Israel-Palestine – deadliest start to a war since 2000
No other 21st century war has begun in such a deadly manner for reporters. Thirty-four journalists have been killed in just two weeks, since the massacre by Hamas in Israel and the start of the bombardments of Gaza. At least 12 of them have been killed in connection with their work, most of them by Israeli strikes in Gaza.
The total of 34 journalists killed since 7 October in such a small territory is appalling. They include at least 12 reporters killed in connection with their work in the first two weeks, ten of them by Israeli bombardments in the Gaza Strip. Journalists are trapped in a 40-kilometre-long open-air prison, caught in an area that is shelled relentlessly when their offices or they themselves are not being targeted. The figures compiled by Reporters Without Borders (RSF) show the unprecedented scale of the tragedy for journalism in Gaza.
Wars are often especially deadly when they begin, but the first two weeks of this war have been the deadliest of any armed conflict in the world since the start of the 21st century.
“Since 2000, we have not seen a war begin with so much violence against journalists. Israel's attack on Gaza in response to the massacre committed by Hamas will go down in the history books and in the annals of journalism as one of the cruellest episodes for reporters, as well as for all other civilians. The Israeli government should realise that horror does not justify horror. The State of Israel will have to take responsibility before history for the deaths of journalists on a scale unknown in the 21st century. We call on the Israeli authorities to end the bombardments, which amount to war crimes. This disastrous toll adds a new blood-coloured stain to an already tragic story. More journalists have been killed in the course of their work in two weeks in the Middle East than in Ukraine since February 2022 as a result of the Russian invasion. This is the sad reality of a grim toll.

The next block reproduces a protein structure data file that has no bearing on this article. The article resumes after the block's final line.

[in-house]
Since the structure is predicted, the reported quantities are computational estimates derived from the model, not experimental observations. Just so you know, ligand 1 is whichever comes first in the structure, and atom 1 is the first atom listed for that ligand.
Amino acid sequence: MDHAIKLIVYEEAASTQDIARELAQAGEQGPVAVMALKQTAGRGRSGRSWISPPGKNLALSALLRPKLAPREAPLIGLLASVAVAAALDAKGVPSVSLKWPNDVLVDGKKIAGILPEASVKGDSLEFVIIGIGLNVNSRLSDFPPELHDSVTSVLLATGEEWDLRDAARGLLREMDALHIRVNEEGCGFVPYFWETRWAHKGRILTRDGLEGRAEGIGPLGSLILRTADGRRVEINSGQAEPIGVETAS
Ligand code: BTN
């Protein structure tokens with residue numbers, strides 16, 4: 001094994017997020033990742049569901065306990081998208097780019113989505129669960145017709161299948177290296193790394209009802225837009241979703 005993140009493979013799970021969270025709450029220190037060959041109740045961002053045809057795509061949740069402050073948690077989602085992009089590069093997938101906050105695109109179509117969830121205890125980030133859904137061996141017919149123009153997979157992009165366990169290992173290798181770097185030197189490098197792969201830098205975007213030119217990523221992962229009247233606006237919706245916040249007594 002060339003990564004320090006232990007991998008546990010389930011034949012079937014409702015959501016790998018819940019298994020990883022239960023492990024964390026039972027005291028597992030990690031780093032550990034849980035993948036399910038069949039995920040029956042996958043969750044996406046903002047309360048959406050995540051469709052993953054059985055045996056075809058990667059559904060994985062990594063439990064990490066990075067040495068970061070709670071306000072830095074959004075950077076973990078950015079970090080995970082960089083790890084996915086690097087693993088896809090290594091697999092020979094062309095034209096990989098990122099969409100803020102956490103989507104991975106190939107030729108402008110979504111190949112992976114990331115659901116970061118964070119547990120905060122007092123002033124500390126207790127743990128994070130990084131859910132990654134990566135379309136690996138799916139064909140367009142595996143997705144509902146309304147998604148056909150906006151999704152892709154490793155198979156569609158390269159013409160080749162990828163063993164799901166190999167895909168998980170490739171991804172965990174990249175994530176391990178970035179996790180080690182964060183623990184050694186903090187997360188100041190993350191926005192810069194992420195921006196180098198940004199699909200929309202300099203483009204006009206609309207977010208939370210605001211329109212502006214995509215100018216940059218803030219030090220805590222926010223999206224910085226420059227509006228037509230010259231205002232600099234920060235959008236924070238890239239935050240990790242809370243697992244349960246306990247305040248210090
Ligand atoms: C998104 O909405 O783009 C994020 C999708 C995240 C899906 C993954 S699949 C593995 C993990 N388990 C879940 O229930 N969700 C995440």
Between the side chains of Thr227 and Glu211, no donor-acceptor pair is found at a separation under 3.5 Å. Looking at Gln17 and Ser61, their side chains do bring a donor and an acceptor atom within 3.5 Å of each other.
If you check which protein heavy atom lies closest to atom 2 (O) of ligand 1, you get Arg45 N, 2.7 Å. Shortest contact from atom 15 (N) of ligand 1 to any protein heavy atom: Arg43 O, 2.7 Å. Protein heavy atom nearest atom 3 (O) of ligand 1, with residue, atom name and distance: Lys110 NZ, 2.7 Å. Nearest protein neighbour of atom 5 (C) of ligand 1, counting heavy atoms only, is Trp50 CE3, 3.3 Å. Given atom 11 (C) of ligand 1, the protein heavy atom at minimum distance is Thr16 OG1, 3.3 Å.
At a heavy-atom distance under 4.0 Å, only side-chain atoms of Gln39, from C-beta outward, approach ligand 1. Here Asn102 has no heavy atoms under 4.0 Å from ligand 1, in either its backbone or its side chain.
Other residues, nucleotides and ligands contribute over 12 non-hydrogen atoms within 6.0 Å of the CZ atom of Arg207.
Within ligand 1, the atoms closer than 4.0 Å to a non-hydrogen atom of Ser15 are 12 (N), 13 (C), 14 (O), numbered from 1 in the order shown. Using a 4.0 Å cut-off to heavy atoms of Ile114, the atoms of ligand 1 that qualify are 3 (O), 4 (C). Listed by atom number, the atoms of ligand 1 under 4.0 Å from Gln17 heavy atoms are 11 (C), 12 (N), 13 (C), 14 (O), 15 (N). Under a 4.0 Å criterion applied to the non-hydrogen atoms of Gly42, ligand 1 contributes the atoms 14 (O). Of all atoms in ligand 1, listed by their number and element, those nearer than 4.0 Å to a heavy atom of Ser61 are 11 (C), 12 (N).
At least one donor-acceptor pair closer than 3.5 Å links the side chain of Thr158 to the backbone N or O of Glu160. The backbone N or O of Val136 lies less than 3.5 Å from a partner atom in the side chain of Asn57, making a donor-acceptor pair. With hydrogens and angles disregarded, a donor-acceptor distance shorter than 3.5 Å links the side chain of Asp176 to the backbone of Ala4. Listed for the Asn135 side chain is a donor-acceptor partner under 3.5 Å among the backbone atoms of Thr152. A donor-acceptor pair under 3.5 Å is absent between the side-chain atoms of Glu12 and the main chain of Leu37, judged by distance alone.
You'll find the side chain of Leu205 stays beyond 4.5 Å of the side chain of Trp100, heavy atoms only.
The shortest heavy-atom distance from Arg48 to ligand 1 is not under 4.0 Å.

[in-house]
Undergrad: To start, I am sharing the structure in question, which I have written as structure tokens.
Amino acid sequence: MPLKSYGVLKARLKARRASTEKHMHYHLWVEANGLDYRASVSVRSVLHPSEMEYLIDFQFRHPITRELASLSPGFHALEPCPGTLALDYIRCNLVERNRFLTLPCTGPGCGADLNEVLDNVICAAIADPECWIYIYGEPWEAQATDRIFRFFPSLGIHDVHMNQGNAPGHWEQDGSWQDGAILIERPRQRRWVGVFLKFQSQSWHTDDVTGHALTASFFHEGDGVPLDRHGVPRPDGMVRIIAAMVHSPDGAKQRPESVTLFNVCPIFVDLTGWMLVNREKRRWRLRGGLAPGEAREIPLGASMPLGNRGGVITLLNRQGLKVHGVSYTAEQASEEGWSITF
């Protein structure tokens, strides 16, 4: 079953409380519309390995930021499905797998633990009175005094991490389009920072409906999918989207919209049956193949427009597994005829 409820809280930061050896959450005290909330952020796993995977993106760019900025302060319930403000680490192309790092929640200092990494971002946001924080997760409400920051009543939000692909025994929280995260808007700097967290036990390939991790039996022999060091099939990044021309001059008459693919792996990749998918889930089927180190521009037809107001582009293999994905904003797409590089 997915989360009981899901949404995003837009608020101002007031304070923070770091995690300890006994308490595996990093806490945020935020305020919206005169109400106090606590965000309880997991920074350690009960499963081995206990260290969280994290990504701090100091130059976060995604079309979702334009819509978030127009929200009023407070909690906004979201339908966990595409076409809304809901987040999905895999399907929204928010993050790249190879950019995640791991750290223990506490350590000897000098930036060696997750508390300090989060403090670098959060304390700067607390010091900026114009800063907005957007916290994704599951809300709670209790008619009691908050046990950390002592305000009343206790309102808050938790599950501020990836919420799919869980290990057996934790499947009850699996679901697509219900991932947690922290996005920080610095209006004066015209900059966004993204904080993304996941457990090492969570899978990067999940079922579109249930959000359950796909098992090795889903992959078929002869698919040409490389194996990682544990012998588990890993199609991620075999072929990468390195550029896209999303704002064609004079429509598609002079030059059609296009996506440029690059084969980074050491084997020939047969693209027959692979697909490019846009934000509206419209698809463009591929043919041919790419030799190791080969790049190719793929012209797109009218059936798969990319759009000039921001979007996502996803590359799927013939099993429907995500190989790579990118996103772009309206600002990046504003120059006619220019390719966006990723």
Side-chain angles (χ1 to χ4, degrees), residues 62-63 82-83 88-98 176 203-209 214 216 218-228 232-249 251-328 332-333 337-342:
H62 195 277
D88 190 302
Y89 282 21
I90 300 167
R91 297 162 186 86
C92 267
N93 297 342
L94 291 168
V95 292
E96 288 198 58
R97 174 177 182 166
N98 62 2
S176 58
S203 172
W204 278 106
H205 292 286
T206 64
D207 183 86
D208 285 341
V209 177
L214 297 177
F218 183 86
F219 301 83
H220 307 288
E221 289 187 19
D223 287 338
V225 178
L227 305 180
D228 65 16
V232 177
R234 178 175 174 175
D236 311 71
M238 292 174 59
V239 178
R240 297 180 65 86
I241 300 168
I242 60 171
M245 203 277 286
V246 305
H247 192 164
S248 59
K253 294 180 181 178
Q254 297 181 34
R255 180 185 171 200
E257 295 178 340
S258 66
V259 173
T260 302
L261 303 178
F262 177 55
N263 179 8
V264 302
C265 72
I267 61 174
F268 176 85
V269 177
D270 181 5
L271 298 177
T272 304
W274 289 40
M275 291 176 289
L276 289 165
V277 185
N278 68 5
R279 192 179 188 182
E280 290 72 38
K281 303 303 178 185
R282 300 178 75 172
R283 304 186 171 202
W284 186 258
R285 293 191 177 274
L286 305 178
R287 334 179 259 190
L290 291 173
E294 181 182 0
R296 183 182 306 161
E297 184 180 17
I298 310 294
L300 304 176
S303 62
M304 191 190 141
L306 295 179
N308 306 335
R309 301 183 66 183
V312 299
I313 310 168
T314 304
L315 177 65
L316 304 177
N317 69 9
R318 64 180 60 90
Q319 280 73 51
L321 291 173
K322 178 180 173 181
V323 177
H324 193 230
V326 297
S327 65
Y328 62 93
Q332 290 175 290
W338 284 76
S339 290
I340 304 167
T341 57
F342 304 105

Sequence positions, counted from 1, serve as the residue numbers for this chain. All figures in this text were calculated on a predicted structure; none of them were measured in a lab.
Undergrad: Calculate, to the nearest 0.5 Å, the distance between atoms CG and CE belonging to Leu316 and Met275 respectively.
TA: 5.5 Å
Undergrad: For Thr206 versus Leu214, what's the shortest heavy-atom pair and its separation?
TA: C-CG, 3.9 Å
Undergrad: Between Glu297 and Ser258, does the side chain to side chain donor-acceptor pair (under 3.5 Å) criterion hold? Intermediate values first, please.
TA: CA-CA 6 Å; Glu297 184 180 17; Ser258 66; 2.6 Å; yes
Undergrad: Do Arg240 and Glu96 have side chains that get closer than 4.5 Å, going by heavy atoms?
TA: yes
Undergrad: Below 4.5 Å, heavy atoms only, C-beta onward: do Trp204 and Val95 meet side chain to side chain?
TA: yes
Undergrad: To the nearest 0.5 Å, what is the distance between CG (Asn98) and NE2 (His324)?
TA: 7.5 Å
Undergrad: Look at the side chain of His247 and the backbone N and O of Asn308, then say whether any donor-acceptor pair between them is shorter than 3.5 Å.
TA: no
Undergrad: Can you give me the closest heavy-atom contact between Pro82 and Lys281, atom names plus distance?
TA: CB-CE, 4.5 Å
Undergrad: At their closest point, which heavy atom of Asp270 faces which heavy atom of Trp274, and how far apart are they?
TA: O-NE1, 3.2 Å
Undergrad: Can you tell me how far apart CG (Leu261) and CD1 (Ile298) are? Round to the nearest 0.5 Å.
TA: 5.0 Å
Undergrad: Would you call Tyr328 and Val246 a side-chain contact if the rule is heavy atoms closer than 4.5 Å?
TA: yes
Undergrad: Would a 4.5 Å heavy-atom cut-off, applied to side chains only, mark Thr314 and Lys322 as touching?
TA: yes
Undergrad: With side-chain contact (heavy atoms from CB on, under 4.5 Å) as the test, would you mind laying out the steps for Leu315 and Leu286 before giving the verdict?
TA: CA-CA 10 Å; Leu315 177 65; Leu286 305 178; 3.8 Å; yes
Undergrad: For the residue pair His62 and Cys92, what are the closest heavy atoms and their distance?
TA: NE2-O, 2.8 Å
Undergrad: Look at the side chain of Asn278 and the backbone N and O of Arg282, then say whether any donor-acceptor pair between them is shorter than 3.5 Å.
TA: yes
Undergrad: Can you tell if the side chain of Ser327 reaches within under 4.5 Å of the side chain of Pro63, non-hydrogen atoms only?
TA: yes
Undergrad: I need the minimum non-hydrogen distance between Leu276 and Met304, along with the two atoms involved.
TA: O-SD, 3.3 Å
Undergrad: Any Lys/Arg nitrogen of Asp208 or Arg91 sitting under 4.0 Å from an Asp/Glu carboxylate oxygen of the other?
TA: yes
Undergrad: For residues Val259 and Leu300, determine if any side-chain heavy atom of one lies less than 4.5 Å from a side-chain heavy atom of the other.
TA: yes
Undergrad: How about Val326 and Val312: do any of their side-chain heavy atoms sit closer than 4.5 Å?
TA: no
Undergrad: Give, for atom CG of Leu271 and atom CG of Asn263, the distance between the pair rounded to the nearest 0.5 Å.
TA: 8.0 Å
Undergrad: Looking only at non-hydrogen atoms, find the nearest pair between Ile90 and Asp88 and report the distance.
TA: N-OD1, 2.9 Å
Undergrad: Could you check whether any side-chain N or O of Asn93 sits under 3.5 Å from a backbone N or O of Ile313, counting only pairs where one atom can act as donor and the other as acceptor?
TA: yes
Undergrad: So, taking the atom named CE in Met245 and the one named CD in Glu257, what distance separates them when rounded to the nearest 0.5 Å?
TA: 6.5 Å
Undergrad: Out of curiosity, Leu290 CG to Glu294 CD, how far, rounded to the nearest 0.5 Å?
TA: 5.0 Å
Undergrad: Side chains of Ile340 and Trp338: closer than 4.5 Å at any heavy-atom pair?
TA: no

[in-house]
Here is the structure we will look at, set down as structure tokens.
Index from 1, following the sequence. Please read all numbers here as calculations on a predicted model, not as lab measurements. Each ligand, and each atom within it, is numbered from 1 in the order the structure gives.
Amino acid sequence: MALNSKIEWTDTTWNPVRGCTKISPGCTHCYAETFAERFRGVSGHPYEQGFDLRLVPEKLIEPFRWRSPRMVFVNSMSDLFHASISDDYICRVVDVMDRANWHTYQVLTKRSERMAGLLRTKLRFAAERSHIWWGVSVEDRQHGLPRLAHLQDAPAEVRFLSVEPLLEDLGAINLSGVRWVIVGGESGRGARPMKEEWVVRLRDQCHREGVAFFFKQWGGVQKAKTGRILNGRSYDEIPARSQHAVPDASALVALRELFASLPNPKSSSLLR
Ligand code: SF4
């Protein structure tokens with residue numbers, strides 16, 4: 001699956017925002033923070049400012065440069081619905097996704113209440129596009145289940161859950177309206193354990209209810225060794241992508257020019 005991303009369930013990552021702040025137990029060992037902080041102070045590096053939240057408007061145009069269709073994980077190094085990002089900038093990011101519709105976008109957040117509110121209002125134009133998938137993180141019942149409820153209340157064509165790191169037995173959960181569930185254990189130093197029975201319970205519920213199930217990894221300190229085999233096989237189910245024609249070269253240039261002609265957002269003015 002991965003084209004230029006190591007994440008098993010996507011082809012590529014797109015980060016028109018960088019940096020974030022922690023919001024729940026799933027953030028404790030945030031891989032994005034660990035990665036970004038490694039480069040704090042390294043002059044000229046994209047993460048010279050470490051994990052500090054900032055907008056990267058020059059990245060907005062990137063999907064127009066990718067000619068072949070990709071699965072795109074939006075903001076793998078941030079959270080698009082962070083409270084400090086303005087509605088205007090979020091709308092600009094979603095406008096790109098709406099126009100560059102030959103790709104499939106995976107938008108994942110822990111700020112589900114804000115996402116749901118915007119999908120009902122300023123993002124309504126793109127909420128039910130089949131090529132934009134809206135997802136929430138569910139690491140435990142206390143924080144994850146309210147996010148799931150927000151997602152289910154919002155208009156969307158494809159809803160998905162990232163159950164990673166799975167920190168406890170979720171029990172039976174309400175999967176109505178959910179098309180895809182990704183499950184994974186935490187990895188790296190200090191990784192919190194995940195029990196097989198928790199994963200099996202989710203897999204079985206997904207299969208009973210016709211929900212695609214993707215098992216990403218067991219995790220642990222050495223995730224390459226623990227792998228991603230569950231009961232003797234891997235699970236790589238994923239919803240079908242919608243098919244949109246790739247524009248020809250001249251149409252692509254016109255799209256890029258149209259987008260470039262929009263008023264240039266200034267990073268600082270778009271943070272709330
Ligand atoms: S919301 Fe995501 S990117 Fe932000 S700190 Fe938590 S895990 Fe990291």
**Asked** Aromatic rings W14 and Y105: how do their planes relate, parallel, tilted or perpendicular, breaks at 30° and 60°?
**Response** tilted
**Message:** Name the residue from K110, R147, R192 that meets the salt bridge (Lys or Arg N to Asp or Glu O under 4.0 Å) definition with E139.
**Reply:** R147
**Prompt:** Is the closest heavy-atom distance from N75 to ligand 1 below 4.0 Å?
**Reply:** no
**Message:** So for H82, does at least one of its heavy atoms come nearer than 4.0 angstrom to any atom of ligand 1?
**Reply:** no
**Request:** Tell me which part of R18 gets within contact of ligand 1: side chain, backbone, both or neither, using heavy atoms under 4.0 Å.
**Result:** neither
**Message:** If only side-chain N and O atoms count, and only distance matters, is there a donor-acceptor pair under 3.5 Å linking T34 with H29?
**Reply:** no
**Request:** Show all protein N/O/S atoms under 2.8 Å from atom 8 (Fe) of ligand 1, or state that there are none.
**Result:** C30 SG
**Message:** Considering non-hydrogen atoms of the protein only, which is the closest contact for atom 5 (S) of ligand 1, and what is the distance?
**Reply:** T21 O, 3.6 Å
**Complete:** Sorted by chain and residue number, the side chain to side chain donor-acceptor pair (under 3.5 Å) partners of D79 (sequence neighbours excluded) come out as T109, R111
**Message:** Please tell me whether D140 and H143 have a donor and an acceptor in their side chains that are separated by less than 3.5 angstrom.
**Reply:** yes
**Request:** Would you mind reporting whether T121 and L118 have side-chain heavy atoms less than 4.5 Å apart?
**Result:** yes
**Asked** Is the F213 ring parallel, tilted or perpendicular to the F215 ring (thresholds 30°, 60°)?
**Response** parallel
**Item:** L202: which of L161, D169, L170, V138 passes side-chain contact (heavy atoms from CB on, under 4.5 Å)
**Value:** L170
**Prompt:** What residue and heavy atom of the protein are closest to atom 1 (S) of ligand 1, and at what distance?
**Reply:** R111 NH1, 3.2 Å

More reporters killed during start of war than in Iraq, Afghanistan, Yemen or Ukraine
The number of journalists killed in course of their work in the Israeli-Palestinian conflict from 7 to 23 October exceeds the total of 11 killed in connection with their work since the war began in Ukraine, seven of whom were killed during the first month after Russia launched its invasion. It also exceeds the number of reporters killed during the first 20 days of the war in Iraq in 2003, and those killed in Afghanistan in 2001, in the immediate aftermath of 9/11. From 11 to 26 November 2001, eight journalists lost their lives Afghanistan while covering the Bush administration’s “war on terror.” More recently, shortly after the outbreak of the civil war in Yemen, six journalists were killed in April and May 2015. So, in just over 15 days, the number of reporters killed in Gaza, Israel and Lebanon has broken records.
Deadliest year in Israeli-Palestinian conflict since 2000
Nine Palestinian journalists were killed in 2014, including seven in less than a month during an Israeli military operation against Gaza. But the Israeli-Palestinian conflict has now assumed an even more tragic scale. Seven journalists were killed in just 4 days, from 7 to 11 October 7. More recently, Al Shabab radio reporter Mohammed Ali was killed in a bombardment of Gaza on 20 October, while Palestine Today TV channel director Mohammad Baalouche, and photojournalist Rushdi Sarraj, a co-founder of the Ain Media press agency and fixer for many media, were killed in targeted attacks on their homes on 17 and 23 October, according to information collected by RSF.
Shockwaves from the current, exceptionally violent conflict are being felt in the rest of the region. For the first time in Israeli-Palestinian history since 2000, journalists have been killed during the same period in Lebanese, Israeli and Palestinian territory. Two journalists have also lost their lives outside Gaza: Roee Idan, an Israeli photojournalist with Ynet, killed by Hamas while filming outside his house on 7 October, and Issam Abdallah, a Lebanese journalist with the Reuters news agency, who was killed while reporting on the Lebanese-Israeli border on 13 October.
Most dangerous countries for journalists
Nearly half (45%) of the journalists killed worldwide since 2000 have been killed in seven countries at war: Iraq, Syria, Afghanistan, Somalia, Israel/Palestine and Yemen.
Iraq and Syria dominate the ranking of the most dangerous countries for the media. With a total of 582 journalists killed since 2000, these two war-torn states alone account for more than a third of the reporters killed worldwide. During the same period, 43 journalists were killed in Palestine and five in Israel, making this conflict zone the world’s fifth deadliest for the media in terms of reporters killed in connection with their work.
The dangerous nature of the profession of war reporter has been confirmed by the figures for 2023. Worldwide, the proportion of media professionals killed in war zones has increased from 32.8% in 2022 to 43.2% in the first ten months of 2023. Since the start of this year, 16 of the 37 journalists killed in connection with their work have died while covering conflict zones.